15 December, 2021
Price surge continues through final sale
THE Mareeba Saleyards ended their selling season on a high last week.
Their run of spectacular sale results continued unabated, smashing a raft of newly established records from the previous week, in their final livestock sale of 2021.
With the Eastern Young Cattle Indicator threatening to achieve 1150c/kg in the near future after a record high of 1147.28c for young cattle sold through Dalby and Roma store sales early last week, cattle prices have moved into unchartered waters more than 355c/kg above where the market was this time last year.
In an unprecedented, unimaginable run, new saleyard records have been repeatedly set, demolished and reset across every livestock category, often on a back to back basis, throughout the year, creating a market that has outperformed every projected maximum and still failed to find its limit.
Demand created by tightening supply of young stock in southern Queensland and into New South Wales has maintained northern buying pressure, to reset saleyard records in multiple categories.
Yearling steers achieved a gob-smacking 826.2c/kg in Mareeba last week, yearling bulls sold at a colossal 799.2c/kg, yearling heifers for an amazing 705c/kg and heifers reached an incredible 628.2c/kg. These prices were almost double what was paid at the first sale of the year when Greg and Carol Ryan's weaner steers made a record 456.2c/kg and their heifers reset the bar at 438.2c/kg.
Overall, last week's sale averaged 520.83c/kg and $1342.99/hd across a total yarding of 1726 head including 47 which sold at open auction. After breaking the record for the highest grossing sale of all time four times during the year, prices and volumes peaked at the September 21 sale which put through 2648 head to gross $2,557,104.
In their individual categories, store heifer and store mickey bulls set 12 new records at sales during the year, store steers, broke existing records on 10 occasions and meatworks ox raised the bar a total of six times, while cow/calf units climbed to a new high of $3,000.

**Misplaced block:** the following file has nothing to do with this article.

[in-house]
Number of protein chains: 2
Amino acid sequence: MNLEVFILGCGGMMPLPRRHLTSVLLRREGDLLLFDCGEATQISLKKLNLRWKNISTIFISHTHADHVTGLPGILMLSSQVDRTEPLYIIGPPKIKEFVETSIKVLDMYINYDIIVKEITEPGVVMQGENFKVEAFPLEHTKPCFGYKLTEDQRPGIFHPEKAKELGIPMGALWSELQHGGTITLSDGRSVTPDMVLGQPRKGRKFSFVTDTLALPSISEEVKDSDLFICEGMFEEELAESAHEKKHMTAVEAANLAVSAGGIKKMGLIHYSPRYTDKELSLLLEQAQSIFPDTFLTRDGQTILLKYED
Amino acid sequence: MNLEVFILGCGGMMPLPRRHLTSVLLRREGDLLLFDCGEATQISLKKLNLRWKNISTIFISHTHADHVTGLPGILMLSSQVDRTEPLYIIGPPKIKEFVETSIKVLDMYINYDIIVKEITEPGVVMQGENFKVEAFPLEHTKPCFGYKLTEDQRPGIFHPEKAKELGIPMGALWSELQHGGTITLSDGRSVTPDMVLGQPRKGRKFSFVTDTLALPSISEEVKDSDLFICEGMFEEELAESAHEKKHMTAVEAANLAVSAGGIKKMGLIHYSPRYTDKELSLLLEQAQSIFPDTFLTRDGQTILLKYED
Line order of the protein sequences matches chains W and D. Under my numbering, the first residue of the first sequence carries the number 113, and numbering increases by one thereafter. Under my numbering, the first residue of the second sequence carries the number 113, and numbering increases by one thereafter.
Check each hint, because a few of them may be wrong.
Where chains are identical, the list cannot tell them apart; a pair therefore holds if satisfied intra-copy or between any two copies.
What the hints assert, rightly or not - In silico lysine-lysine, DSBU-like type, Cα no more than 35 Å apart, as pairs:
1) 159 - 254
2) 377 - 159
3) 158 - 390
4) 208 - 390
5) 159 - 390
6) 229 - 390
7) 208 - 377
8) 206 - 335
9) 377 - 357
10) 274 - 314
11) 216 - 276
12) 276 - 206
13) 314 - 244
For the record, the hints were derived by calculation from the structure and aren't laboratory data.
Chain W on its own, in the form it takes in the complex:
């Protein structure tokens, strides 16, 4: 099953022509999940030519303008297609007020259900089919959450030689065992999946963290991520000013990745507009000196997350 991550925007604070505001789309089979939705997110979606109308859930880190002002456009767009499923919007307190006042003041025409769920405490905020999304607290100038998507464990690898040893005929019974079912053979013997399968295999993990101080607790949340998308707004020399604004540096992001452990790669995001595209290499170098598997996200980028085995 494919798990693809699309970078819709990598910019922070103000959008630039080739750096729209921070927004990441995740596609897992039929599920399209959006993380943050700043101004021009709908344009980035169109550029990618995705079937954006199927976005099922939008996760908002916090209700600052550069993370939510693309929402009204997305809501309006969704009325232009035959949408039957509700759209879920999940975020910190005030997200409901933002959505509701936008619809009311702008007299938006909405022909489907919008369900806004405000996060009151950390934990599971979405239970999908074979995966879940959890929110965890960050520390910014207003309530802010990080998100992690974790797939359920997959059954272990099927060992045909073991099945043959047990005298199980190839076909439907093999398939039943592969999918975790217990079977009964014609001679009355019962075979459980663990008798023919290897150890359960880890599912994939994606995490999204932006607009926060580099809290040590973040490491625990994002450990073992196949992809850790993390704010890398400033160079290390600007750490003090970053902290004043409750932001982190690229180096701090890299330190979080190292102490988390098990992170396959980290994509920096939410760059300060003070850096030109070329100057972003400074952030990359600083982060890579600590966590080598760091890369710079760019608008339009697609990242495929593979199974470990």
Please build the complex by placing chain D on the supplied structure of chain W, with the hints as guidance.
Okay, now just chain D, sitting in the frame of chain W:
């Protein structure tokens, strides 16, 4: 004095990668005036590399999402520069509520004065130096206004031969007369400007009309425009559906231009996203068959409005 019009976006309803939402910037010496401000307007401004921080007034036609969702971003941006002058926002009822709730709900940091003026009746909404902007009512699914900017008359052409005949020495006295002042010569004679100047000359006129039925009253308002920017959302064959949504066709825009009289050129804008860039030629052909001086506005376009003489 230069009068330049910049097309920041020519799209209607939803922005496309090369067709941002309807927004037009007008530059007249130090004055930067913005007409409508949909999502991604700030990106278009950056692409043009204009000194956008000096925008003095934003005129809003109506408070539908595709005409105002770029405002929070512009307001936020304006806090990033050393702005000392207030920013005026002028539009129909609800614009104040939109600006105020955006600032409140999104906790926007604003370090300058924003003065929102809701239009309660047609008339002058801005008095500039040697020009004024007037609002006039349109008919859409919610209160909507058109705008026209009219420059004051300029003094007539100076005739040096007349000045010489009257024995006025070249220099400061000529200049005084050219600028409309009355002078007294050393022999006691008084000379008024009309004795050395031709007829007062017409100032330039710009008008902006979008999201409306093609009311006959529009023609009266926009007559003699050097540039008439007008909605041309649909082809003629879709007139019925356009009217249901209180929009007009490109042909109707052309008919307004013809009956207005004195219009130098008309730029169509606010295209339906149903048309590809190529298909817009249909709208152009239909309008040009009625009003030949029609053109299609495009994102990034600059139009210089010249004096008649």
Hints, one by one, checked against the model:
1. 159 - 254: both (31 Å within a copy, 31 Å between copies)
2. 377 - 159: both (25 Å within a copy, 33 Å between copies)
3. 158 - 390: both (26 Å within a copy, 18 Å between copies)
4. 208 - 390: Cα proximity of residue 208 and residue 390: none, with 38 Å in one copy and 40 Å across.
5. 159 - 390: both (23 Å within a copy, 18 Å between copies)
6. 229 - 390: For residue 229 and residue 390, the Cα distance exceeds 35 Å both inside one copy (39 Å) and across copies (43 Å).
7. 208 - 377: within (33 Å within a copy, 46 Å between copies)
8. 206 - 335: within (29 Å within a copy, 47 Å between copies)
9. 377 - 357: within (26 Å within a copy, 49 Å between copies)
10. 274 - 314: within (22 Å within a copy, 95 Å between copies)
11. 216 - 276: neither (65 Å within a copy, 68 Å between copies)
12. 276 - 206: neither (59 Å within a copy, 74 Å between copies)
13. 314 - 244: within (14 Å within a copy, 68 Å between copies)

Saleyard representative Jayne Hogarth said they were still selling, penning and auctioning cattle until nearly 5pm on Tuesday, creating enough paperwork to keep them working in the office until almost midnight.
She said Tuesday's figures increased the yard’s throughput total to 60,182 head for the year and said saleyard staff had weighed more cattle in the five and a bit months from 1 July until 7 December, than during the entire year of 2020.
Elders Mareeba Branch Manager, Livestock Agent and Auctioneer, Mark Peters said he had never seen anything like what has occurred in the cattle industry this year in his 30 years of operation as a Mareeba agent.
“The consistently high demand for cattle and the consequent surge in prices has produced a growth in confidence in our market place. Virtually no animals are unsaleable in this market and vendors are more willing to come forward and engage with our selling system.”
The back to back poor seasons in the south prior to 2020 combined with the promise of a La Nina for the 2022 season had created a reverse domino effect in the market place.
Grassed up producers have been scrambling for market share to stock their properties and since they cannot fi nd them at home, have accepted the need to shop further and further afield for cattle.
“We haven't been seeing the mid-year price hiccup typically generated by the prewinter sell down market glut. Extremely favourable market conditions have sparked a widespread herd cleanup and consequently there has been a large reduction in the tail we saw in the northern cattle herd 10 years ago,” Mr Peters said.
Vendors taking the opportunity to sell down younger stock in this buoyant market could produce a bit of a “skinny” patch in the early 2022 buying landscape, but at this stage Mr Peters believes everything is positive.
“Quality cattle will always attract a premium and surprisingly cattle just keep coming week after week,” he said.
Cashed up cattle producers injecting money into all those property improvements, repairs and replacements they have been dreaming of for years means Tableland rural support industries are also flourishing.